It only remains for us to speak of the great and illustrious purposes for which God has set up this institution in the earth, and finally of the principle on which a man of any nation may be admitted to the privileges of it, viz. the remission of sins of mankind--"In you shall all the families of the earth be blessed , &c.; &c.;
First, then, in regard to the ends of the election, I say, it is the blessing." This is God's declared purpose in regard to mankind by the
institution called "the election;" consequently its purpose is not (like the election of Edwards, Calvin, and others,)
to exclude, curse, and destroy;
but to gather, to bless, and to save! "In you shall all the nations of the earth be blessed"--"I will make you a blessing."
Abraham, Isaac, and Jacob, then, were not chosen by God for the mean partial purpose of being dragged into heaven, will or no will, on the principle of final perseverance;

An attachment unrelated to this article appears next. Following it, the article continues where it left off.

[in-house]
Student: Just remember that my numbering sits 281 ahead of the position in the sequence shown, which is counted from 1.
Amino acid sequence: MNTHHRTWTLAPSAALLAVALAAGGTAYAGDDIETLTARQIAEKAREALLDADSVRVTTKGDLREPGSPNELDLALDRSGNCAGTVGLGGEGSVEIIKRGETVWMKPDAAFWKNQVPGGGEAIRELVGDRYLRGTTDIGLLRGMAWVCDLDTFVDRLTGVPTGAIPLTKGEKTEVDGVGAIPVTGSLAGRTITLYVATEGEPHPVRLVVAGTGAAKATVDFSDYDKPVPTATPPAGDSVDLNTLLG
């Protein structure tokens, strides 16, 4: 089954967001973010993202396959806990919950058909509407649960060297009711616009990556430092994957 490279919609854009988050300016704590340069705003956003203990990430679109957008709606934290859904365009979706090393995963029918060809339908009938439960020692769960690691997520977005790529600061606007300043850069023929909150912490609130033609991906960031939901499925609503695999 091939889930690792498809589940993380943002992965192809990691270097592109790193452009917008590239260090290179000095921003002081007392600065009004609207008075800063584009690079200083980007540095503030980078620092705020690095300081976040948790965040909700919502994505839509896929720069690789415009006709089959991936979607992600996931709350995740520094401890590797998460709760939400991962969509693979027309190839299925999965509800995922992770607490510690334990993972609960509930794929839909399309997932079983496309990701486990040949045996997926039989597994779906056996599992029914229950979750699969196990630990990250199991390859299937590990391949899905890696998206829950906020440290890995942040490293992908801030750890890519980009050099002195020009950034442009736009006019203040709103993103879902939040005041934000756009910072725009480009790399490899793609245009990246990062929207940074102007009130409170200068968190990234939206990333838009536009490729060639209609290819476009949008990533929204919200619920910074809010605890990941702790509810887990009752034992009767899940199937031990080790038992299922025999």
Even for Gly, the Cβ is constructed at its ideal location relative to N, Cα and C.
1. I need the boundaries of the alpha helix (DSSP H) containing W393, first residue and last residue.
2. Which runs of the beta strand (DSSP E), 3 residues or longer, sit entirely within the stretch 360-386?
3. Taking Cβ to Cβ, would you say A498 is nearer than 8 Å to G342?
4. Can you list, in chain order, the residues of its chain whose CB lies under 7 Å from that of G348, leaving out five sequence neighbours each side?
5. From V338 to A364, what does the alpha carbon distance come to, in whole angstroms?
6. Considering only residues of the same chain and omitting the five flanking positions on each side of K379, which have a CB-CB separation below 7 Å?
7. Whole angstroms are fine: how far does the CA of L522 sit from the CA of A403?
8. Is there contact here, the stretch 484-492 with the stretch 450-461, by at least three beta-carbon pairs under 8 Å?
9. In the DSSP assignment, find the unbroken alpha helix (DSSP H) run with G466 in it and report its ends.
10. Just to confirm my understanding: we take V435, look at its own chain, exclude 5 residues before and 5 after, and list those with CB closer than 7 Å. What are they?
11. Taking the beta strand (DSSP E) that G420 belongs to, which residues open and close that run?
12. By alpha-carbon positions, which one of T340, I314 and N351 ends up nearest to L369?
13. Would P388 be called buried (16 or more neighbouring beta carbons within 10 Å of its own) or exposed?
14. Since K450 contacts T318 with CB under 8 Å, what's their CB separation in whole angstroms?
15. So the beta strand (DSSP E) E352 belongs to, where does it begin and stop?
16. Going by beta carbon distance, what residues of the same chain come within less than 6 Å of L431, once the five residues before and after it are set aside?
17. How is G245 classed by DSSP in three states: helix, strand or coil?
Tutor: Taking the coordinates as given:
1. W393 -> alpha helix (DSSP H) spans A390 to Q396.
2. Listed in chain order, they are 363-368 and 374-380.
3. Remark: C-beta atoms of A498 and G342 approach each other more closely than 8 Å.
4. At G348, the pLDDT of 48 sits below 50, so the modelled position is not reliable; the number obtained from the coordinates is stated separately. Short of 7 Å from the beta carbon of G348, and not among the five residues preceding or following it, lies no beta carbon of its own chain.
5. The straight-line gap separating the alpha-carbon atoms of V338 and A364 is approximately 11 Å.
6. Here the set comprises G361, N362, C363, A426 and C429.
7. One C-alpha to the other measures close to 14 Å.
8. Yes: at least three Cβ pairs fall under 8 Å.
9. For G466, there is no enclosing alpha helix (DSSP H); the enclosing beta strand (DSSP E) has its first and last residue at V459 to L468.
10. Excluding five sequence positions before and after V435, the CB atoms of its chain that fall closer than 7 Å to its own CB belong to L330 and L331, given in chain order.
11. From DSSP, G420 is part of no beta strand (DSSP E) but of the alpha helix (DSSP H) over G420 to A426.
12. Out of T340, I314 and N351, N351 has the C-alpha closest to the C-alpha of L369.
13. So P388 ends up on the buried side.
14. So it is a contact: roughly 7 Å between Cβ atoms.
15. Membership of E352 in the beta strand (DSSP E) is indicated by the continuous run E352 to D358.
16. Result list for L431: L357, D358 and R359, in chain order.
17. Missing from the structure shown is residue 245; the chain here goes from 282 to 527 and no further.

but for the general and benevolent purpose of saving mankind by an institution of which they were made the root or foundation.--
While the pulpit of fatalism represents the God of heaven both partial and cruel,
The Magna Charta of the whole elect institution are the covenants made by God with Abraham; from the superior and inferior branches of which are derived what the apostle, in Heb. viii. calls the new and old, the first and second, the inferior and better; or, in other words, the Jewish and Christian, covenants, i. e. the law and the gospel--the one enjoyed by the Jews on the footing of flesh, the other by men of all nations on faith. It is thus the apostle,
by a metonymy of principle and privilege, styles the law flesh, and the gospel faith. The infancy and rudeness of the age of law, is indicated by the apostle in the following metaphor: "So the law was our school master until Christ."